We use cookies to improve your experience on this website. Read More Allow Cookies

Periodic Payment Orders and the Civil Liability (Amendment) Act 2

By: David Browne | Posted on: 10 Sep 2020

Periodic Payment Orders and the Civil Liability (Amendment) Act 2

Catastrophic Injury Cases and Appropriate Compensation


Calculating the appropriate level of compensation for a Plaintiff who has suffered catastrophic injuries due to Medical Negligence, or, indeed, any other form of Negligence, is a difficult task, both in terms of identifying the sum of money that will properly provide for the Plaintiff’s care needs and in terms of the emotional toll such a process can take on the Plaintiff and/or their family.


The process usually involves the Plaintiff being assessed by myriad experts from both legal teams, with a view to calculating the Plaintiff’s, often significant, care needs into the future. A particularly agonising part of this process for the Plaintiff and their family is the necessity of calculating the Plaintiff’s projected Life Expectancy. This is a legal necessity as in order to determine what sum of money would provide for the Plaintiff for the rest of their life, it is necessary to determine how long the Plaintiff is expected to live. However, it can not be doubted that having one’s, or a loved one’s, life expectancy subjected to detailed assessment and, subsequently, legal argument, is a challenging experience.


The legal difficulty with such cases is that, traditionally, courts award a final lump sum award in Personal Injuries cases. The finality of such an award is a problem in catastrophic injuries cases due to the fact that calculating life expectancy is an inexact science. There is always the risk that the Plaintiff will outlive their life expectancy. This is undoubtedly a good thing on a personal level, but can lead to financial difficulties as the lump sum award will not have accounted for these extra years and thus the Plaintiff may find themselves unable to provide for their care needs. Inversely, the Plaintiff may tragically pass before their projected life expectancy, in which case they will have been ‘over-compensated’, thereby providing a ‘windfall’ to their families.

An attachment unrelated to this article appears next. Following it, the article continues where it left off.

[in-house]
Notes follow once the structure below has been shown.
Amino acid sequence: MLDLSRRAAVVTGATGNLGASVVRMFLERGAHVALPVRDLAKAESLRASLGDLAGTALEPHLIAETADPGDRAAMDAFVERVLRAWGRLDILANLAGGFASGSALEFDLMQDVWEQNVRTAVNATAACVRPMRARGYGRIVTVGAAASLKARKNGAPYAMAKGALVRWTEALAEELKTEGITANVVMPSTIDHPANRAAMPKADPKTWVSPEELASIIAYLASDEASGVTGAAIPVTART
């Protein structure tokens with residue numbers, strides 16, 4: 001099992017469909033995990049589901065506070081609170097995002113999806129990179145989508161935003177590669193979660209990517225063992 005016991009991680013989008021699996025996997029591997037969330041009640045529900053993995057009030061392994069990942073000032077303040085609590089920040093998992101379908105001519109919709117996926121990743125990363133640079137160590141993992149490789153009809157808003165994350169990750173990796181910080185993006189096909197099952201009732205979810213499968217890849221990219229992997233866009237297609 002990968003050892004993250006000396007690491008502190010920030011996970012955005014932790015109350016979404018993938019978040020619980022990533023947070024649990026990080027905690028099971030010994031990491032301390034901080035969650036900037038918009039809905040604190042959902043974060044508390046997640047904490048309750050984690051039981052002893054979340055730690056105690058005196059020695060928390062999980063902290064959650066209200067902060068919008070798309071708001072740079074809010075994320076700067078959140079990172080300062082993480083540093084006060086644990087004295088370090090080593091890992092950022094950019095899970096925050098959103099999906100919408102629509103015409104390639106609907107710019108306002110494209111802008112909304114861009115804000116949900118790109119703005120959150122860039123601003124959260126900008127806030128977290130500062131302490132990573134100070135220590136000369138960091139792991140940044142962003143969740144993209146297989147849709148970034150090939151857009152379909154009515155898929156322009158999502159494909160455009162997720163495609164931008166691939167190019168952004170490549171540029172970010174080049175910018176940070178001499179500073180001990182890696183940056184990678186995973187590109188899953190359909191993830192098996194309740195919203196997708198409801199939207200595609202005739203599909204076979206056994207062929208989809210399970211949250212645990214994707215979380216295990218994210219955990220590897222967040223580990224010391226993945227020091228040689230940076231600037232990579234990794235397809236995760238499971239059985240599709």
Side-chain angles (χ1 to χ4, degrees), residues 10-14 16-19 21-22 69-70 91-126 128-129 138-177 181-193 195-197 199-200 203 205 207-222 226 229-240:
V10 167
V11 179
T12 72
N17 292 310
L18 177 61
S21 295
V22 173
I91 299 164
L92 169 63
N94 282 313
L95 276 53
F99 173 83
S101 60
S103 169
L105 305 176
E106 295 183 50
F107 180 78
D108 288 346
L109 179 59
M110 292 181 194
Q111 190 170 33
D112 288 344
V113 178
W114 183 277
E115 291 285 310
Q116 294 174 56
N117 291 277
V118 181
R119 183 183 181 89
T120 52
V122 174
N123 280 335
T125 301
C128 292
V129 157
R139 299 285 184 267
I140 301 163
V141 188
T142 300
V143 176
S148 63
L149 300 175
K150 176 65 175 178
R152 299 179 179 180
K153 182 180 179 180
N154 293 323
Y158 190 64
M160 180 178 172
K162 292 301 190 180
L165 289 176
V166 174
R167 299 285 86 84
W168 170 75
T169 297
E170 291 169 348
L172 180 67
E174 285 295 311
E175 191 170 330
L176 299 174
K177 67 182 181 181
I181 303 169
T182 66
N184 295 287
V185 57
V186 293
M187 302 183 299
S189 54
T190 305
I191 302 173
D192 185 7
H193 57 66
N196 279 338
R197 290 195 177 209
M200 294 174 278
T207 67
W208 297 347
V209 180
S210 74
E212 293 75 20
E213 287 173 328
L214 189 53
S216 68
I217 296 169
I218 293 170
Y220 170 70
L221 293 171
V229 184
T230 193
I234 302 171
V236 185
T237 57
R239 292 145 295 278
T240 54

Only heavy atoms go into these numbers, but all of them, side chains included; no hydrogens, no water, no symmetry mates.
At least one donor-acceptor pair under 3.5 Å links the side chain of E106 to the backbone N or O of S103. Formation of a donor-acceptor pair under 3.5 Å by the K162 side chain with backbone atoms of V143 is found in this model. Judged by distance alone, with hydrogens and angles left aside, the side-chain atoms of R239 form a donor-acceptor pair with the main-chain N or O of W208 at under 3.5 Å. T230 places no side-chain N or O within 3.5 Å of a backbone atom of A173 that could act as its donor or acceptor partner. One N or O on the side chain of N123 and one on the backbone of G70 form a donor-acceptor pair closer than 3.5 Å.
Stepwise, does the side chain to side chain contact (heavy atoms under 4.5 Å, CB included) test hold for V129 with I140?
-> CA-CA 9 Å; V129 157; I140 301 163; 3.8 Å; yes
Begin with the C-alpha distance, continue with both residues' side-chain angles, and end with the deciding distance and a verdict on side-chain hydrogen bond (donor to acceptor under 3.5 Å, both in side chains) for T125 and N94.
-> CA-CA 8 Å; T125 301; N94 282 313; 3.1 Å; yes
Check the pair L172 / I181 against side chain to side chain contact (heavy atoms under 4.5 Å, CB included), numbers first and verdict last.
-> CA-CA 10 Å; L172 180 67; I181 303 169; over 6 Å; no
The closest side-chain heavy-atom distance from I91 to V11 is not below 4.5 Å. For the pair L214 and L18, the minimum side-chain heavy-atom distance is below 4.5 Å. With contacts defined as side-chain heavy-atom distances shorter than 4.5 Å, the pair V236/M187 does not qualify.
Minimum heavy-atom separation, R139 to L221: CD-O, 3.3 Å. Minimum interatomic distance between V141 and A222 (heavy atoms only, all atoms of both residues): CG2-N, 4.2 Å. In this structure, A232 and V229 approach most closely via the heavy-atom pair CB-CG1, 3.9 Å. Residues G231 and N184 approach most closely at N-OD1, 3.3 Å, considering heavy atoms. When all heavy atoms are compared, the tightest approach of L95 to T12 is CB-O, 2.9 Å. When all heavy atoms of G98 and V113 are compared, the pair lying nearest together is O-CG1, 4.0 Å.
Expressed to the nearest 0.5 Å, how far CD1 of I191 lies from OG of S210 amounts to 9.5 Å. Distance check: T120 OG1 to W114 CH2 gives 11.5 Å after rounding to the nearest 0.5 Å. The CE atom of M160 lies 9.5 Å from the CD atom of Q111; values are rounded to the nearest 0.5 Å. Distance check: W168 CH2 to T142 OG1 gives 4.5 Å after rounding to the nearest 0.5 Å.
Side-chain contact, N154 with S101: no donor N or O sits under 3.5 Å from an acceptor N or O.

Interim Awards


In order to circumvent the above difficulties, the Irish courts developed the practise of making Interim awards. This is, essentially, an award that covers a certain period into the future only. For example, a lump sum award would be made covering a period of 5 years into the future. If the Plaintiff lives to that date, then the court process starts anew and the Plaintiff’s needs are assessed again and a further interim award is made. While this significantly narrows the potential of over/under-compensation, on a human level it can be deeply unsatisfactory. Having to go through the process of expert assessment and legal wrangling even once can be trying. Having to do it every 5 or so years can leave Plaintiffs and their families feeling like they are never truly free of the process.


Periodic Payment Orders – A Solution?:


In 2015, the Working Group on Medical Negligence and Periodic Payments considered the option of equipping judges to make ‘Periodic Payment Orders’ (PPOs).


In simple terms, a Periodic Payment Order involves compensation being provided by the Defendant to the Plaintiff on a periodic basis – ie a certain sum of money each year or month. The payments would cease upon the passing of the Plaintiff.


Operating in this way, PPOs would provide a solution for the over/under-compensation issue in a way that does not subject the Plaintiff and/or their family to continuous litigation.

Periodic Payment Orders where introduced by s.2 of the Civil Liability (Amendment) Act 2017, which inserted Part IVB into the Civil Liability Act 1961. Courts were given discretion to make PPOs having considered, inter alia, “the best interests of the Plaintiff” (s.51I(2)(a) of the 1961 Act). The legislation makes limited provision for changing circumstances in the future, allowing the Court to make “stepped payments” (s.51I(4) of the 1961 Act). This allows the Court to provide, beforehand, for the payments to increase/decrease upon the occurrence of certain events that might be expected to increase/decrease the Plaintiff’s care needs. Some of these factors are listed in s.51I(5) of the 1961 Act. They include occurrences such as the Plaintiff turning 18, entering Third-Level Education etc.